As people age, they become more susceptible to complications from illnesses like flu and pneumonia. In this report by SADE OGUNTOLA, experts say that the best way to prevent these complications is to get the appropriate vaccines.
Life expectancy has risen dramatically over the last century and population projections foresee that the Nigerian population will continue to age in future decades. But it has also come with its challenges due to increased risks of many diseases because of a lower immunity.
Diseases such as influenza, pneumococcal disease and herpes zoster have long been recognised as causing a high burden in the elderly. Unfortunately, vaccination of elderly that has shown to be beneficial in many industrialised countries has not been widely implemented in low and medium countries like Nigeria.
“At the extremes of life, the immunity is low. There is a decrease in the level of immunity with ageing. The elderly are prone to some infections, so they need to be vaccinated. This had been done in developed countries, there are vaccinations for the elderly,” said Dr Femi Olowookere, Director, Chief Tony Anenih Geriatric Centre, University College Hospital (UCH), Ibadan,
The geriatric centre, in February, commenced a pneumococcal vaccination programme for its teeming clients.
Thousands of elderly people end up in the hospital because of pneumococcal disease. It can cause severe infections of the lungs (pneumonia), bloodstream (bacteremia), and lining of the brain and spinal cord (meningitis).
Vaccines are the best way to fight off pneumococcal disease and its complications that can lead to long-term illness, hospitalisation, and even death.
For elderly with an ongoing health condition, like diabetes or heart disease, getting vaccinated is especially important. Vaccines can protect from serious diseases (and related complications) so they can stay healthy as they age.
According to Dr Olowookere, “some of them were worried if they actually need vaccination. But they need to have something to help their immunity. One of the common infections they are susceptible to develop is chest infection, so it is good for them to take the pneumococcal vaccine.”
Dr Lawrence Adebusuyi, an expert in geriatric medicine, said from his experience, the commonest chest infection they develop is pneumonia, an infection of the lungs that can be caused by a variety of germs, including viruses, bacteria, and fungi.
He stated: “in the developed countries, they give them the influenza vaccine and the pneumococcal vaccine. The pneumococcal vaccine is a single shot and it is for life. Howbeit, adults with certain medical problems may need a booster in five years.
“We do not have winter, so there is no need for influenza vaccine but we have pneumococcal infection which causes pneumonia. So that is the reason for the hospital to bring in the pneumococcal vaccine to immunise the elderly.”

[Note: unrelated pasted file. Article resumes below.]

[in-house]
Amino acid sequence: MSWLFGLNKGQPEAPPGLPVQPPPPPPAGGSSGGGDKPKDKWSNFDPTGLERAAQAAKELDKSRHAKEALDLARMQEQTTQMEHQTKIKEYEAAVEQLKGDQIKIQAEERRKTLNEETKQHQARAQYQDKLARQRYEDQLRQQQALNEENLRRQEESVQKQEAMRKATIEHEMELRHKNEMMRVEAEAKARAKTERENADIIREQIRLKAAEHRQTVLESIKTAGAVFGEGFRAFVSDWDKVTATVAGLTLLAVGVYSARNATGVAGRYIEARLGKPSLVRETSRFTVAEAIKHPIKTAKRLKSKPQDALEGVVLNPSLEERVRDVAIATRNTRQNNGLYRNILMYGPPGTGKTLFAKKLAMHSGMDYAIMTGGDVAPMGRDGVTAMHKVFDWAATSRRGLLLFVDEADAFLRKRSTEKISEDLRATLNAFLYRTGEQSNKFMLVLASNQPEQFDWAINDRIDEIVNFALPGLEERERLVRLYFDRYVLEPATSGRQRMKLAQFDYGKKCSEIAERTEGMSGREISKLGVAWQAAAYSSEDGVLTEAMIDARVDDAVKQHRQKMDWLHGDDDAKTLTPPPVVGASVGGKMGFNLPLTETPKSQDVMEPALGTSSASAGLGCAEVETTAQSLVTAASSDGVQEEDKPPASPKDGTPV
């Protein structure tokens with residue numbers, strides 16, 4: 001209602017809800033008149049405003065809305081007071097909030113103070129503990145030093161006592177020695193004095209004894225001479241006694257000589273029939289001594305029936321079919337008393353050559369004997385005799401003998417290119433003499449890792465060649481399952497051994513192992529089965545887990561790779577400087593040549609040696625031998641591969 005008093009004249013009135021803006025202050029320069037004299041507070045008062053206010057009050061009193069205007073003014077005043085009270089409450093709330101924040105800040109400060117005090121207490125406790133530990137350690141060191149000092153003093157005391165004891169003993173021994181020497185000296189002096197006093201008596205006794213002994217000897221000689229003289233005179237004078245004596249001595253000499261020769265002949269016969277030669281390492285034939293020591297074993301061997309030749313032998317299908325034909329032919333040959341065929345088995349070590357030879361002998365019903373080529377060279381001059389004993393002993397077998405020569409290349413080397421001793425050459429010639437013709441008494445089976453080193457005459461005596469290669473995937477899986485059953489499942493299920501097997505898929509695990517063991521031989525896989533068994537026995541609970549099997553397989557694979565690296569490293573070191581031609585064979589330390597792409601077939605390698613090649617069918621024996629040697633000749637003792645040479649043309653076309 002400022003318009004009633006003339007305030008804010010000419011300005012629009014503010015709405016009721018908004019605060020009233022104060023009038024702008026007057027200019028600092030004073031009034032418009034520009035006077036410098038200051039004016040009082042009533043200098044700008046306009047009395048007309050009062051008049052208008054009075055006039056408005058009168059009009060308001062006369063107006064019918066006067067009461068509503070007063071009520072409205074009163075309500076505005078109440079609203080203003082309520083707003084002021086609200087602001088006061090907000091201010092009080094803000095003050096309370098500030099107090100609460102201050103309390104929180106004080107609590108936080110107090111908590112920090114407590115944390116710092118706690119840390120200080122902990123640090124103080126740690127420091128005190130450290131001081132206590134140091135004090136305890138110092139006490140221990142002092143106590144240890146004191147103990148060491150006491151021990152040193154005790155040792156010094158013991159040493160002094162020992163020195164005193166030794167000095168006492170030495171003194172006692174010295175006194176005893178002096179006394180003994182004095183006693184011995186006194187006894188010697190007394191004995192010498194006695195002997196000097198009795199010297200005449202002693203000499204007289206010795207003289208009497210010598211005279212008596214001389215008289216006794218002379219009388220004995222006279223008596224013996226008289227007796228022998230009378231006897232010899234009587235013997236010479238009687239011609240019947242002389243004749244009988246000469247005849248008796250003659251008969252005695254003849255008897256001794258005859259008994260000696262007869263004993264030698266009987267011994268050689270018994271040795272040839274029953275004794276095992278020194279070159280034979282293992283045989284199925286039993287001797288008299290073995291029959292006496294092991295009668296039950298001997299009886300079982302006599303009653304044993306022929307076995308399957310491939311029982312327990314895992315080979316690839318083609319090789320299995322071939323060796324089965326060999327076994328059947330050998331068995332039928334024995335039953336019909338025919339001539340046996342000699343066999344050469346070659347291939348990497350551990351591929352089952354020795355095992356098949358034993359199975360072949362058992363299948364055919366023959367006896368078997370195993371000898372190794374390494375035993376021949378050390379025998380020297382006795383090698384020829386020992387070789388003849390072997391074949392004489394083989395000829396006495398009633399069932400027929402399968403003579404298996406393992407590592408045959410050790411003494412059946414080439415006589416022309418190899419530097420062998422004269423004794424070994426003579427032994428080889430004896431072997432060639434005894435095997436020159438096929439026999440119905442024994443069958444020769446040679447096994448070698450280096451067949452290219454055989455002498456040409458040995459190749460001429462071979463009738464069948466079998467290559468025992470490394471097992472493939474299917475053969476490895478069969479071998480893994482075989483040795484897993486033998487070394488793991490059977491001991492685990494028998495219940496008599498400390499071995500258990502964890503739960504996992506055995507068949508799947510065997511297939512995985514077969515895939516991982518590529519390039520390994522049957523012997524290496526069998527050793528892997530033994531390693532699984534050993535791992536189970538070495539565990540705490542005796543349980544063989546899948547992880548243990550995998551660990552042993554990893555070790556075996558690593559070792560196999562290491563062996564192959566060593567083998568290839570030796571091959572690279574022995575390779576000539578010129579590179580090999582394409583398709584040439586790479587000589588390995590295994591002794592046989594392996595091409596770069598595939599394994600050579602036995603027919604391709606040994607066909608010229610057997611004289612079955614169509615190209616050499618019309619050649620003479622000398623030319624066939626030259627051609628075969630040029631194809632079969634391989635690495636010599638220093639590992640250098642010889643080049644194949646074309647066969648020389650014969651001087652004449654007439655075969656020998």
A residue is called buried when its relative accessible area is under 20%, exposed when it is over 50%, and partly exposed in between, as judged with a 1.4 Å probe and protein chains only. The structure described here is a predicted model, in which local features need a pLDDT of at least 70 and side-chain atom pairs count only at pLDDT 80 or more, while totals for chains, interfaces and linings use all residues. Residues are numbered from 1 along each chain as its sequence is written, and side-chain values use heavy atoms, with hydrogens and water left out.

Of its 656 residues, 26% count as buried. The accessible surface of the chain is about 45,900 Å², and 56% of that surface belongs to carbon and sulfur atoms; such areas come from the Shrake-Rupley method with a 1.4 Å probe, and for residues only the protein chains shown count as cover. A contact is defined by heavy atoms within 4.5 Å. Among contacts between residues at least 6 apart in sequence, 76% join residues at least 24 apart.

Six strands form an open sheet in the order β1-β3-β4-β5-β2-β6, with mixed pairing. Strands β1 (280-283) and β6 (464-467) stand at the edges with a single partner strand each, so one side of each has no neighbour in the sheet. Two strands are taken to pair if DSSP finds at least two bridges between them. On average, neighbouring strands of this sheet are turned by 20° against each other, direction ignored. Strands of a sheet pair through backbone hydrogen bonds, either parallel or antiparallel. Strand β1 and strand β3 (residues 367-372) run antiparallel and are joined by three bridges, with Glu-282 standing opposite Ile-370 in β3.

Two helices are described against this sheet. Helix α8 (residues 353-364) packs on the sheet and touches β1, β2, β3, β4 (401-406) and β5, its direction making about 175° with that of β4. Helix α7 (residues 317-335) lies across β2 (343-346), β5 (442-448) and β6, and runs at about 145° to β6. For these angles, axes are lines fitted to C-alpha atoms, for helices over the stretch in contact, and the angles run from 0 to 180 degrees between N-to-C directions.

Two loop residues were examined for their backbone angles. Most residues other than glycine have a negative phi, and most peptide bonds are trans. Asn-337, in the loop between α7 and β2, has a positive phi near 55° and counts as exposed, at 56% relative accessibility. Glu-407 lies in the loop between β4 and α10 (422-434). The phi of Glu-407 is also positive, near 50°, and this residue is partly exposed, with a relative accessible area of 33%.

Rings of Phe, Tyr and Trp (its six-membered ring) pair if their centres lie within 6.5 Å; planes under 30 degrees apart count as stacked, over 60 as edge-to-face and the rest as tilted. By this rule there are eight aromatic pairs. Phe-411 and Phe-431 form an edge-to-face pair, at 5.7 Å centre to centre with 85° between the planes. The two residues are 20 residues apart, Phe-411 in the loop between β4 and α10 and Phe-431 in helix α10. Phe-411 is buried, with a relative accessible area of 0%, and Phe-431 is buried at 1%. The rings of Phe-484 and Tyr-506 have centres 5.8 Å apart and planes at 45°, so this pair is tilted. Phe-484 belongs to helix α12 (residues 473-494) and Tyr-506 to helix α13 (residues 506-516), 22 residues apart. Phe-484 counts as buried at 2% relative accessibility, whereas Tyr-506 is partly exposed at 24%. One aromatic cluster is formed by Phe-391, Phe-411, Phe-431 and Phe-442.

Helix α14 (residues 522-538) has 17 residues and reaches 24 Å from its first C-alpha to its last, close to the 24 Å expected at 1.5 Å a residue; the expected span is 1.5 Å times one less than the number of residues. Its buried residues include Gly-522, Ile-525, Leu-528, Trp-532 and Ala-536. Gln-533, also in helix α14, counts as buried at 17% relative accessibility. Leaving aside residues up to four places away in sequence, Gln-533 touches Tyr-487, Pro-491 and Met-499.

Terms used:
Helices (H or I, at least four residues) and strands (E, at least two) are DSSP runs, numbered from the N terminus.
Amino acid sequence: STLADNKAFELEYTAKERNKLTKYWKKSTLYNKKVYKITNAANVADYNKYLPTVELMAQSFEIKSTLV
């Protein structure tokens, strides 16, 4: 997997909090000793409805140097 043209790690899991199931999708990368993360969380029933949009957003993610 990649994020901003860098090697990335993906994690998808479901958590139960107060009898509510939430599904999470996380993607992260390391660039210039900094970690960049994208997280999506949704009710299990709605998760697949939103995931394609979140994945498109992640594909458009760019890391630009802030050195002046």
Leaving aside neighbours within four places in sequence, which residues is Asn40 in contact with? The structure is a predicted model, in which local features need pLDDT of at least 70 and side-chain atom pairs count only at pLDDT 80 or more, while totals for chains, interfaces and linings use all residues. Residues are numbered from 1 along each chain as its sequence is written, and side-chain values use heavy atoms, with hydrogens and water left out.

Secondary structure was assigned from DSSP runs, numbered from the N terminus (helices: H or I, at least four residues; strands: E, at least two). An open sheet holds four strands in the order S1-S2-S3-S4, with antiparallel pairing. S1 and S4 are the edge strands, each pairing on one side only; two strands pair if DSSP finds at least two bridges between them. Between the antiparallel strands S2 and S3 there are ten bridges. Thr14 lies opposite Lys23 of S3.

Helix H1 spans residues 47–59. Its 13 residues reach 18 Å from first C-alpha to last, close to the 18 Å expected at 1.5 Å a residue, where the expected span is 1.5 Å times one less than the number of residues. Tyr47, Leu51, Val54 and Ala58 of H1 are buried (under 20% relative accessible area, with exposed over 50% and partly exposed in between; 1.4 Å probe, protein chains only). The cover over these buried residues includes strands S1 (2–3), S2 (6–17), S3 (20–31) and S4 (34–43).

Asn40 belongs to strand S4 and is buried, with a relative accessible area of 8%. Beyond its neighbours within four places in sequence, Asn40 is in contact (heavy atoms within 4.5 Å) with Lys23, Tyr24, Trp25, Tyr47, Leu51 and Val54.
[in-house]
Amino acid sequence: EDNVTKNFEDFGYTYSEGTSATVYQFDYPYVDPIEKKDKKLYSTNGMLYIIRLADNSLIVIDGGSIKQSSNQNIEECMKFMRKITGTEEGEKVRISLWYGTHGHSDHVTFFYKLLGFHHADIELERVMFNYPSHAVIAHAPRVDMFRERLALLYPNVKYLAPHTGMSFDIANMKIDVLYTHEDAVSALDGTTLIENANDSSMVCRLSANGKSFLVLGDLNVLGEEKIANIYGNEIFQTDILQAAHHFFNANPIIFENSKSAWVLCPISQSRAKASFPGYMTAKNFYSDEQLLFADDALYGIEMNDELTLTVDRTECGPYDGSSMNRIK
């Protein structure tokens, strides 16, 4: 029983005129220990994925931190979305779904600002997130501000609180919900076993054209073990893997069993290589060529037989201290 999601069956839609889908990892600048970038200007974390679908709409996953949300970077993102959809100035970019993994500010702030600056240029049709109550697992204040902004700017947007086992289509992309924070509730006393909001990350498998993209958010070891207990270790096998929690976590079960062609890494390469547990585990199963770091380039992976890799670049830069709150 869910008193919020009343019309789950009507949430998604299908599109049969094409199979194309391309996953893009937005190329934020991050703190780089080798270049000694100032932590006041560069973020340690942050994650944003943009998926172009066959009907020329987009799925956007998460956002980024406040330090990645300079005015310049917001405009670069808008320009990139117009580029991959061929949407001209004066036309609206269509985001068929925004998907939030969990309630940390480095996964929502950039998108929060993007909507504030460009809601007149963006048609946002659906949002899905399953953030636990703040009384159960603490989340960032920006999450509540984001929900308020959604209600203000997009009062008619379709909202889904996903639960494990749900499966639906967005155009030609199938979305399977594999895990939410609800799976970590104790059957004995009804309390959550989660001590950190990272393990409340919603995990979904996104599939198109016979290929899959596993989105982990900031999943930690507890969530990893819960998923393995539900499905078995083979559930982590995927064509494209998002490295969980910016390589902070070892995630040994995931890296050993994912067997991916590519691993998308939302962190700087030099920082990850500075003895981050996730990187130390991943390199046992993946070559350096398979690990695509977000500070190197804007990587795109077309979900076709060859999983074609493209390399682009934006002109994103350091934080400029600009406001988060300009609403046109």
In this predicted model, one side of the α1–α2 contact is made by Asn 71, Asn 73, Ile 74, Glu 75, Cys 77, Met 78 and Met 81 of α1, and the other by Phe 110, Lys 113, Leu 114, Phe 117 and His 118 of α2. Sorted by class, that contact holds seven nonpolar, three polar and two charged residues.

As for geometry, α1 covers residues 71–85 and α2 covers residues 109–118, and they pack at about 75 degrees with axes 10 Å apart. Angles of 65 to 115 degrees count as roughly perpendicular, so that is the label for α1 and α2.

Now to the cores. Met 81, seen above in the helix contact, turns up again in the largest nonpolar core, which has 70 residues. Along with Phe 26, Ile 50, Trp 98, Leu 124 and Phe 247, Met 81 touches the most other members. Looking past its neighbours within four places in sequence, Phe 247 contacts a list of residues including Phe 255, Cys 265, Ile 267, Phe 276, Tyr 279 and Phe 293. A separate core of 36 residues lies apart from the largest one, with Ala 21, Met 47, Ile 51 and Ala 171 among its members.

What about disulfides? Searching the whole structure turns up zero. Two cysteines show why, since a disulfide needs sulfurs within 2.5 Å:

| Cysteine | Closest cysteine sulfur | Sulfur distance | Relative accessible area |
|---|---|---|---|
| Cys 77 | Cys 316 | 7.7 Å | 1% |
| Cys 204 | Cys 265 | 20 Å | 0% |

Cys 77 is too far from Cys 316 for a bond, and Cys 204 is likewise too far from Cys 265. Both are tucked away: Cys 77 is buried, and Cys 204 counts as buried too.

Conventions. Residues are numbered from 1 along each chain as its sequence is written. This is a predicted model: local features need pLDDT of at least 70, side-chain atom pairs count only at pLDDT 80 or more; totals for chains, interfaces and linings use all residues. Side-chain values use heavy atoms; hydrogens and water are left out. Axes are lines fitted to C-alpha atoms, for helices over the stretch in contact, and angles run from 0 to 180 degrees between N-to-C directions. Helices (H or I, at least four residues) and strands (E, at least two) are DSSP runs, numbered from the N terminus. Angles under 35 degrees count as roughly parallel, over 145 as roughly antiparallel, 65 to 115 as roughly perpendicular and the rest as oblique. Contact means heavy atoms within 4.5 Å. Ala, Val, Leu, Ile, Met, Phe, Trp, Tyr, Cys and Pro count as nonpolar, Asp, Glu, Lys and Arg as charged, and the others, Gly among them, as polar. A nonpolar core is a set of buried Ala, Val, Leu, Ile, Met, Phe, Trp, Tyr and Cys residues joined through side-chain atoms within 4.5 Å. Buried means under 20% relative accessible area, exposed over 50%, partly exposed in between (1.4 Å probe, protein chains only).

Dr Adebusuyi, however, lamented that though pneumococcal vaccination has been put in the National Programme of Immunisation for children, the elderly were not considered for such an intervention even though both have a low level of immunity and as such, more susceptible to common infections such as pneumonia.
He said that the pneumococcal vaccine is far cheaper than the cost they will incur when they fall sick and need to be admitted into the hospital to be treated. This is aside the indirect cost to the elderly person’s care giver.
“Such a person can never regain the preadmission functionality. The reason for geriatric practice or care of the elderly is to improve functionality, you must do everything to improve functionality,” he declared.
Nonetheless, he said that pneumococcal vaccine may not always prevent pneumonia but it can lessen the illness and the need to go to hospital.
According to Dr Adebusuyi, immunisations the elderly should be given should include that for tetanus, hepatitis B, yellow fever and shingles. These vaccines can be taken at any time in the year, but hepatitis B vaccine can only be given after confirming that the individual is not already immunised against hepatitis.
Dr Adebusuyi said: “We have had a number of patients that had shingles or what is called herpes zoster infection at the Chief Tony Anenih Geriatric Centre. I still treated a patient with shingles two weeks ago.”
Shingles (also called herpes zoster) is a disease that causes a painful, blistering rash. The itchy skin rash is usually on the chest, but can also be on the trunk, back, legs or face.
The herpes zoster vaccine can protect against shingles. The vaccine cuts the risk of shingles by half. People who have had the chicken pox are at risk for herpes zoster since it’s caused by the same virus.
After a bout of chicken pox, the virus can live in nerve endings and be reactivated as shingles later in life, most commonly after the age of 60.
Assistant director of Nursing, Public Health, UCH, Ibadan, Mrs Marliyat Bello, stated that the elderly are important part of our community and so, ensuring they take the pneumococcal vaccine to reduce their chances of developing vaccine preventable infections, is important, to improve their quality of life and longevity.
According to Mrs Bello: “When you live a healthy, happy and pain-free life, even when death comes, it will be a peaceful exit. Just a shot of it protects them for the remaining part of their lives.
“The hospital has procured enough vaccines that can prevent all these streptococcal illnesses like tonsillitis, otitis media (ear infection) and pneumonia.
“Of course, there are elderly people that do not hear well and many people assume that it is part of ageing. Even if it is part of ageing, do we need to make them suffer? Just a shot of it protects them for the remaining part of their lives.”